A new client can be like the bad candy in your trick-or-treat bag—except that by the time you’ve discovered whether or not you’ve found a trickster or a treat, it’s often too late.

A trickster is a client who negotiates prices combatively and constantly demands service concessions; a client who pays fair market value is a treat. The fair negotiators recognize the importance of your profit motive and agree to your standard payment terms. It seems too good to be true, but many builders and remodelers willingly pay fair margins.

A trickster is a client who constantly shops your prices on every project in spite of stellar service; a loyal client is a treat. Believe it or not, there are clients offering long-term loyalty to valued suppliers. They recognize that service quality reduces the overall cost of doing business. They avoid changing suppliers until it’s absolutely necessary.

A trickster is a client who constantly pressures you to put out fires caused by their poor planning; a client who allows you to help them schedule properly is a treat. Yes, many contractors seem to operate in a constant state of urgency. But there are many who plan properly, honor your requested lead times, and work cooperatively with you to make their projects run smoothly. These are the profitable clients you want.

If only you could ask a prospect that simple question, “Trick or treat?” Fortunately, you can. Just start your business relationship by conducting a behavioral interview. Then you will easily know if they are going to be a trick a treat to work with.

A behavioral interview is a standard tool used to recruit new employees, but also works with potential clients. It’s effective because past behaviors have consistently proven to be the best predictors of future performance. The behavioral interview with a prospect obviously can’t be a formal moment of interrogation. Instead it’s something you do before you conduct business in a strategic conversation that seems casual to your prospect. You can hope people will change, but they usually don’t.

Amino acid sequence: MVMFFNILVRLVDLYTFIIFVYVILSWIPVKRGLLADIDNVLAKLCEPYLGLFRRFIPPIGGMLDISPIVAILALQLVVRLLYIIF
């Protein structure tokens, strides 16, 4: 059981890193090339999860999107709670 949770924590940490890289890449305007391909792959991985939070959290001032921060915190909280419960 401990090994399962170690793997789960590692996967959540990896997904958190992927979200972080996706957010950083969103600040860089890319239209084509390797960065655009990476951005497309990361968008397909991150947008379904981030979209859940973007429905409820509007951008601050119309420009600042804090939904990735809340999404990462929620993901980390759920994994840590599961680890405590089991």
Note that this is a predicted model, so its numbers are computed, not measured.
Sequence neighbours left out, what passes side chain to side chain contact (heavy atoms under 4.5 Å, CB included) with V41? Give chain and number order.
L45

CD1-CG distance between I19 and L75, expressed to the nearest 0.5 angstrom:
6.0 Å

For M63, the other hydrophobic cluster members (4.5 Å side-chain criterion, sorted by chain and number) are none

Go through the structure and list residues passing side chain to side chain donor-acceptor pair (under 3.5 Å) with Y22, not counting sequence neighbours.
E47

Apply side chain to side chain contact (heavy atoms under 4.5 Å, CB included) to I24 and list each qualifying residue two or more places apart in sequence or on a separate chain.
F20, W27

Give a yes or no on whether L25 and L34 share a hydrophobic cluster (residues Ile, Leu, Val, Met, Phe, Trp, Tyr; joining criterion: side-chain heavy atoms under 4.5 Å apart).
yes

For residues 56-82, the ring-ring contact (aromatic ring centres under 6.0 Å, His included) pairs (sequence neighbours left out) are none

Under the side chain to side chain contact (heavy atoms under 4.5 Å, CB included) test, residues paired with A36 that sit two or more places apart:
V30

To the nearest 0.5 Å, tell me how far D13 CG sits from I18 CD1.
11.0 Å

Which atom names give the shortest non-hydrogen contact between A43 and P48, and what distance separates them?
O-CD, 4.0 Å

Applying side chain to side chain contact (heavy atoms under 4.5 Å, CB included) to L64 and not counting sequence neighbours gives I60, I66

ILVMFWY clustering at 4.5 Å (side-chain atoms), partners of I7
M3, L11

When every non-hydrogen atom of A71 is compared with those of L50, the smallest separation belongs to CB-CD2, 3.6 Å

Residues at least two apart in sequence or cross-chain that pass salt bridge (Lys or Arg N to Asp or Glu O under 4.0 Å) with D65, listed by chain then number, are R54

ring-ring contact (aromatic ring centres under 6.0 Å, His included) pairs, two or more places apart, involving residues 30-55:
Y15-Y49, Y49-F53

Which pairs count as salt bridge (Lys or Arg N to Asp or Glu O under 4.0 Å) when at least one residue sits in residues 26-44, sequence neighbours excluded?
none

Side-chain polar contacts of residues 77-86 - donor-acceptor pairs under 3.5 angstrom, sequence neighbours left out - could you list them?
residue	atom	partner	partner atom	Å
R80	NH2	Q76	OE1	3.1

So while you’re busy asking the usual qualifying questions to discover your prospect’s needs and the strengths and weaknesses of their current suppliers, try sprinkling in a few questions about their buying and scheduling practices.

  • Start with a credit application. You already do this of course. But I mention it first to prove that it’s not impossible to conduct some due diligence about your prospect’s buying habits prior to the start of a business relationship. If you can get them to divulge their personal financial secrets, then surely you can discover less innocuous details of their business history.
  • Ask prospects about their history with their existing suppliers. A prospect who has stable vendor relationships demonstrates the type of loyalty you are seeking in a buyer. It might take some time to land the loyal account, but the rewards are worth it. This is also why you want to open accounts with clients when they are starting their businesses. Loyal buyers stay loyal and therefore it is best to get them early in their growth path. This means prospecting, prospecting, and more prospecting.
  • Discover how your prospects have scheduled projects in the past. You may come across one struggling to cope with production schedules and open to advice or, on the other hand, one who blames suppliers for his problems. If you encounter the blamer, you have a trickster. If you meet a prospect interested in scheduling guidance and willing to cooperate on your required lead times, you have a treat.

The start of a relationship is filled with uncertainty because you believe it’s impossible to know how cooperative and profitable a prospect will be. Fortunately you can find out. Just say “Trick or treat!”